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  • Masonry Structural design ï»ż
    See Masonry Structural design page: Masonry Structural design

    Suppose that we have a uniformly distributed load of 1050 lb/ft, applied at the level of the roof of the structure shown in Fig. 6.5. Design the lintel.

    According to Table 2 of the 2008 MSJC Specification, for Type M or S mortar and concrete units with a specified strength of 1900 psi (the minimum specified strength for ASTM C90 units), the compressive strength of the masonry can conservatively be taken as 1500 psi (the so-called “unit strength method”). If the compressive strength is evaluated by prism testing, a higher value can probably be used. Take the specified compressive strength of the masonry as fmâ€Č = 1500 psi.

    Assume fully grouted concrete masonry with a nominal thickness of 8 in., a weight of 80 lb/ft2, and a specified compressive strength of 1500 lb/in.2. Use Type S PCL mortar. The lintel has a span of 10 ft, and a total depth (height of parapet plus distance between the roof and the lintel) of 4 ft. These are shown in the schematic figure in Fig. 6.5. Assume that 700 lb/ft of the roof load is D, and the remaining 350 lb/ft is L. The governing loading combination is 1.2D + 1.6L. Our design presumes that entire height of the lintel is grouted.

    First check whether the depth of the lintel is sufficient to avoid the use of shear reinforcement. Because the opening may have a movement joint on either side, again use a span equal to the clear distance, plus one-half of a half-unit on each side. So the span is 10 ft plus 8 in., or 10.67 ft.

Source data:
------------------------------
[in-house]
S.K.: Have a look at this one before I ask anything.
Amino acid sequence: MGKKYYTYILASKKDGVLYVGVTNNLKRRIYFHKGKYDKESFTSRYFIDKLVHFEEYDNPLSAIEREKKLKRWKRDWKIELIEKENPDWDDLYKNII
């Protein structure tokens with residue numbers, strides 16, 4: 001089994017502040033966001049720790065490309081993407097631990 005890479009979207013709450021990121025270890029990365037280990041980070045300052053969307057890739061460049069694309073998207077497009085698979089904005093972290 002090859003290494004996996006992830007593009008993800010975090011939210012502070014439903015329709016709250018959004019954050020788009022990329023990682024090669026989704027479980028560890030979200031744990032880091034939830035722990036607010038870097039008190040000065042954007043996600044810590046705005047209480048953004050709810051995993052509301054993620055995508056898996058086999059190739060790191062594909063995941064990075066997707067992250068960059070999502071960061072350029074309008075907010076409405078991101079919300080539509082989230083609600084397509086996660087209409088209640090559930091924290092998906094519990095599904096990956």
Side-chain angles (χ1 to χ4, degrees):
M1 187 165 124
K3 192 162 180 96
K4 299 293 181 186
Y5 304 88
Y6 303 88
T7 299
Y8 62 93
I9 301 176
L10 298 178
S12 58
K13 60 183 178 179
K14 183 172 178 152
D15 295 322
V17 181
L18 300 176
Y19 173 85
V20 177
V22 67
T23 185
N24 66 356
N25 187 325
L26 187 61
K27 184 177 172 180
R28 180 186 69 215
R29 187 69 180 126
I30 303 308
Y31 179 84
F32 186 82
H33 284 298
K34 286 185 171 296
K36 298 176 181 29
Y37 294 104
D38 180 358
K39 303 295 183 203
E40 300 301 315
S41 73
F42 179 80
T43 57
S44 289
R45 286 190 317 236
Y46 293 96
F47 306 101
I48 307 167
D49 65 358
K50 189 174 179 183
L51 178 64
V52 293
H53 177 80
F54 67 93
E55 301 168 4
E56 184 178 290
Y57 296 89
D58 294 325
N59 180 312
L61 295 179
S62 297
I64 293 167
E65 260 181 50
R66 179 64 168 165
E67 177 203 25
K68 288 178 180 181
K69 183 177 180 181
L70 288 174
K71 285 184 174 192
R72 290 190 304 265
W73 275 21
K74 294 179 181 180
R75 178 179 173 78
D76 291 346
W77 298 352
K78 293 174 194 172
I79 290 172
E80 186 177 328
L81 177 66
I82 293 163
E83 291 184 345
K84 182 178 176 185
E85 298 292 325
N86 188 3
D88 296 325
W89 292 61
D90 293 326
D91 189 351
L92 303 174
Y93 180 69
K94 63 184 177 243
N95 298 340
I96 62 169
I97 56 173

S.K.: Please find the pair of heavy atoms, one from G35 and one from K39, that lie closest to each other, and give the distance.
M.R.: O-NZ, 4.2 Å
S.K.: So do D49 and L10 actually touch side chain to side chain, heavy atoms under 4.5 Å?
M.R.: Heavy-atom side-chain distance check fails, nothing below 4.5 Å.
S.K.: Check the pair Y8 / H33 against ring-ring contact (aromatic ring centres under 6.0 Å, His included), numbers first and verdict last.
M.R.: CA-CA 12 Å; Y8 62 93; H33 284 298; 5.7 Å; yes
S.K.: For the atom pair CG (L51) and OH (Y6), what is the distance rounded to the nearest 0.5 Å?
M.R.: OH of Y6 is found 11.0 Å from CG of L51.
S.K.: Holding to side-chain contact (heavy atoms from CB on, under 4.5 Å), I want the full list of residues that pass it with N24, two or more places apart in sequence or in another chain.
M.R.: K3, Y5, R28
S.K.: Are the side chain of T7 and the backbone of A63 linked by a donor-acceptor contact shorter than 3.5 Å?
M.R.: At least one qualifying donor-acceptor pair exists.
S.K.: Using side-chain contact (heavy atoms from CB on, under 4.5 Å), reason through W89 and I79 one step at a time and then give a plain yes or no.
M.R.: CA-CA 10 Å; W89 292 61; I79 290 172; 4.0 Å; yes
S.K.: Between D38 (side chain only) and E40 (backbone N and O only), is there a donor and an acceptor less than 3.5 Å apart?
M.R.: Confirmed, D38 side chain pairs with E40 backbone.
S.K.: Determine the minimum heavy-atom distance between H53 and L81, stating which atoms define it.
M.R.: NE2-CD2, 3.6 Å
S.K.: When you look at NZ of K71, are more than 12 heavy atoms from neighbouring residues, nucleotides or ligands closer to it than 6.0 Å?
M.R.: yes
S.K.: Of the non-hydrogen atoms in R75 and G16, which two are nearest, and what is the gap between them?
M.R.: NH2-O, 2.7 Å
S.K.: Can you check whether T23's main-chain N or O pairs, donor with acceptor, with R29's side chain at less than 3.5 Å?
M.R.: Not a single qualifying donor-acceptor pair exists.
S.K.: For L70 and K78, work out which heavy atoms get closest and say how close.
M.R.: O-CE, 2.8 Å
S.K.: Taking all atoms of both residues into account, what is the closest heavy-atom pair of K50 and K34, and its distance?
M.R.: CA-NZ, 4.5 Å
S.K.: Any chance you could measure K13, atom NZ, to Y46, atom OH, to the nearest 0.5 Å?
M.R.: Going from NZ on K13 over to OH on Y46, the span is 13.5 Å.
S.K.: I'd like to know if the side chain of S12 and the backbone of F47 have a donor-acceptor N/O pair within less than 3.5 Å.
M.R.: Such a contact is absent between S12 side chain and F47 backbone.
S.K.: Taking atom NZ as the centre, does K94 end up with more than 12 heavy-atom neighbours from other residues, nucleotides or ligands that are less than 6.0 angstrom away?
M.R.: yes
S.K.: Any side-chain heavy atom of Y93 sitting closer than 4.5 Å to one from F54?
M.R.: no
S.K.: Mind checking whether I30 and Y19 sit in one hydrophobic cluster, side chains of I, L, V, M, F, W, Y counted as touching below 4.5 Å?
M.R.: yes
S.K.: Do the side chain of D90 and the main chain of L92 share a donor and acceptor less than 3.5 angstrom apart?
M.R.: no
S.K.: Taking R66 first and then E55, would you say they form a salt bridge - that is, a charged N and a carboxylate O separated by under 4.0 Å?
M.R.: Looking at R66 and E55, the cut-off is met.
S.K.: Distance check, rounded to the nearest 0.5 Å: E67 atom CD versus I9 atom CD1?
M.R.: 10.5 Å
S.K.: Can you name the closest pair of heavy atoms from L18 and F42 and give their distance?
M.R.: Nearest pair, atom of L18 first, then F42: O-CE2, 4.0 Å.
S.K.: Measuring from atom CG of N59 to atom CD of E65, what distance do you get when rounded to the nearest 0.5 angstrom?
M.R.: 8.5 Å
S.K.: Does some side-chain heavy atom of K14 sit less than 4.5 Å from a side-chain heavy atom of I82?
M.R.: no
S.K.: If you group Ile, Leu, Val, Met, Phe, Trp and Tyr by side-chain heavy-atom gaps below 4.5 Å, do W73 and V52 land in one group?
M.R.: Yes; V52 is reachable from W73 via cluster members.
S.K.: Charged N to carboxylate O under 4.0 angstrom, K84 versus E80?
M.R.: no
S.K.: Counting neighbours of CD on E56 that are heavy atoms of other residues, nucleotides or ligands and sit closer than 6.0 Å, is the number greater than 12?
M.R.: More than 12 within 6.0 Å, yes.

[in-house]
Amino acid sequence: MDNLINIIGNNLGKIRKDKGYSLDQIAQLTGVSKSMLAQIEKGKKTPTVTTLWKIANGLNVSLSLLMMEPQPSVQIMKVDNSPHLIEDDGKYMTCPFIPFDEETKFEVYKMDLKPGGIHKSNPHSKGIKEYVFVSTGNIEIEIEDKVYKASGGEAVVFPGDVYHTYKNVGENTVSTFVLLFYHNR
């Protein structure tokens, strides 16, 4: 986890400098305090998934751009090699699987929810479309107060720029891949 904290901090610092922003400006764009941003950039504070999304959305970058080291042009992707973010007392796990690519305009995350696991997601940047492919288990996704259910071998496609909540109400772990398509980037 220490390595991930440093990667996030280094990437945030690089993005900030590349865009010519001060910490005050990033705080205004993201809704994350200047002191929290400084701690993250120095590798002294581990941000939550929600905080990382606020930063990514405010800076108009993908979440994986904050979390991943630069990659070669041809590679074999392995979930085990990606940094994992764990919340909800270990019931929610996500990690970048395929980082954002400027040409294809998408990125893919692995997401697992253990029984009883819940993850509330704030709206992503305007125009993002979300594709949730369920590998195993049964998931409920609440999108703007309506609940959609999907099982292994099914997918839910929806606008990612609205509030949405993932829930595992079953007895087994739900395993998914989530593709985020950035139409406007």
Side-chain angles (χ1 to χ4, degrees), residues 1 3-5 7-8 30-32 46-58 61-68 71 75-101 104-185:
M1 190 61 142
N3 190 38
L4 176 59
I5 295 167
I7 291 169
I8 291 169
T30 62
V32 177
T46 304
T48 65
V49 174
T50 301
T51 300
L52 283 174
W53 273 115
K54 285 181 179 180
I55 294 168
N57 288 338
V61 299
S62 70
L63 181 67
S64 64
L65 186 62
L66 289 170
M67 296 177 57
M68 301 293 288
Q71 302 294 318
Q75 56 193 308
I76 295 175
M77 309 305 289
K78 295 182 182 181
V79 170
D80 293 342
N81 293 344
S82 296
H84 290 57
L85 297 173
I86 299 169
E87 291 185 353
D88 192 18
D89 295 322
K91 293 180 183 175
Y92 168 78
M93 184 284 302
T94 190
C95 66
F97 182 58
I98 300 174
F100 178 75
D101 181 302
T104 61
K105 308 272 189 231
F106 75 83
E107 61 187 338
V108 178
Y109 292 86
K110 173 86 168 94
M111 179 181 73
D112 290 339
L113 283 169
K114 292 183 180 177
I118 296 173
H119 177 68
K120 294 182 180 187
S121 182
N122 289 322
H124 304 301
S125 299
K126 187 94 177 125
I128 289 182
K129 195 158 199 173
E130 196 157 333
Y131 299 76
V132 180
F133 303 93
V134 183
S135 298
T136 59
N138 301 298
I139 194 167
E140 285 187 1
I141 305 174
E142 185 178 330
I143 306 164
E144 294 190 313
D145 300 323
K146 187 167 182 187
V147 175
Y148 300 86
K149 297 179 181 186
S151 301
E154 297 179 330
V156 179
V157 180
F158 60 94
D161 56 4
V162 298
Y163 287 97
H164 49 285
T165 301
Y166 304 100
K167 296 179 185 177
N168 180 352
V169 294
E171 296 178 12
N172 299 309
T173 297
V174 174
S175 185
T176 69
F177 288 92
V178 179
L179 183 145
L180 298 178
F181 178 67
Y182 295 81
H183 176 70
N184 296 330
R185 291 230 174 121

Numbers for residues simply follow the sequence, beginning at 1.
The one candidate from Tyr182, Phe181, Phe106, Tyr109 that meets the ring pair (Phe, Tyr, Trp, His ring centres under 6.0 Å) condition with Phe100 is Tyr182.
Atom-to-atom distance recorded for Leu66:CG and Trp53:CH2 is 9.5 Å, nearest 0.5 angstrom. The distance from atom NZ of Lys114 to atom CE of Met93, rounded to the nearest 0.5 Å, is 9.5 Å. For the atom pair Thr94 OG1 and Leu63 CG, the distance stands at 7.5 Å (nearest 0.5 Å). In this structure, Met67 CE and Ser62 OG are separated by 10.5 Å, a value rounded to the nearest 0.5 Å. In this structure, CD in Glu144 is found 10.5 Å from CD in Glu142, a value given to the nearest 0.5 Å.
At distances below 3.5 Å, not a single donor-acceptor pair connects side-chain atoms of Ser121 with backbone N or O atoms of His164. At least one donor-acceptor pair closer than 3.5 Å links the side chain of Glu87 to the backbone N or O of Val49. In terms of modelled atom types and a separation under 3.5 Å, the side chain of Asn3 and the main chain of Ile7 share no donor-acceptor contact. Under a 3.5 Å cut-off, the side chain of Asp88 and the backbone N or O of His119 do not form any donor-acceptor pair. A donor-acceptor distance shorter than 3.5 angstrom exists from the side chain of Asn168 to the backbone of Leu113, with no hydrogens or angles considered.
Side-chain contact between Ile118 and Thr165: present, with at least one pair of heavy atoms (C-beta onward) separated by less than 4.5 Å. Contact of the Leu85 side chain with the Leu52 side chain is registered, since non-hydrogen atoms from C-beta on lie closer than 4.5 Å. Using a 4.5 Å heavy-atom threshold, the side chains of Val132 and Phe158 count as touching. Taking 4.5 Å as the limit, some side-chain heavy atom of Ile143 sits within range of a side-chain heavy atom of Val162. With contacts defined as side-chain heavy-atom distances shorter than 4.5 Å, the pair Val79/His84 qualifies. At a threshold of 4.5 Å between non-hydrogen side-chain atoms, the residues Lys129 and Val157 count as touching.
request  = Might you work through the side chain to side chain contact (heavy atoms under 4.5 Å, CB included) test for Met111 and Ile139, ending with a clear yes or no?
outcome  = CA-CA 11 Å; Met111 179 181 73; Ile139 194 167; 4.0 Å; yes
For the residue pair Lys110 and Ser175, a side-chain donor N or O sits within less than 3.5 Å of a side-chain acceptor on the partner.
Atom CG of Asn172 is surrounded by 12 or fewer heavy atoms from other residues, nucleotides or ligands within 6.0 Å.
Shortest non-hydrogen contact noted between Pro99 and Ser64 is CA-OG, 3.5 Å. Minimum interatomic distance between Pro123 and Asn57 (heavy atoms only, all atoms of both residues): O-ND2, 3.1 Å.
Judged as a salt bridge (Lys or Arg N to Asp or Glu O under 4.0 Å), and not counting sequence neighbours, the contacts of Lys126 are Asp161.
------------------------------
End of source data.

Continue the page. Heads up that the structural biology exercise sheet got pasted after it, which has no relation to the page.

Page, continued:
The bars in the lintel will probably be placed in the lower part of an inverted bottom course.
    The effective depth d is calculated using the minimum cover of 1.5 in.
    (Sec. 1.15.4.1 of the 2008 MSJC Code), plus one-half the diameter of an assumed #8 bar.
    Because this is a reinforced element, shearing capacity is calculated using Sec. 3.3.4.1.2.1 of the 2008 MSJC Code.

     

    Also include two #4 bars at the level of the roof (bond beam reinforcement). The flexural design is quite simple. Section 3.3.4.2.2.2 of the 2008 MSJC Code does require that the nominal flexural strength of a beam not be less than 1.3 times the nominal cracking capacity, calculated using the modulus of rupture from Code Sec. 3.1.8.2. In our case, the nominal cracking moment for the 4-ft deep section is

    Use two #4 bars. Section 3.3.4.2.2.2 of the 2008 MSJC Code need not be met if the amount of tensile reinforcement is at least one-third greater than required by analysis (Code Sec. 3.3.4.2.2.3).

    Finally, Sec. 3.3.3.5 of the 2008 MSJC Code imposes maximum flexural reinforcement limitations that are based on a series of critical strain gradients. These generally do not govern for members with little or no axial load, like this lintel. They may govern for members with significant axial load, such as tall shear walls.


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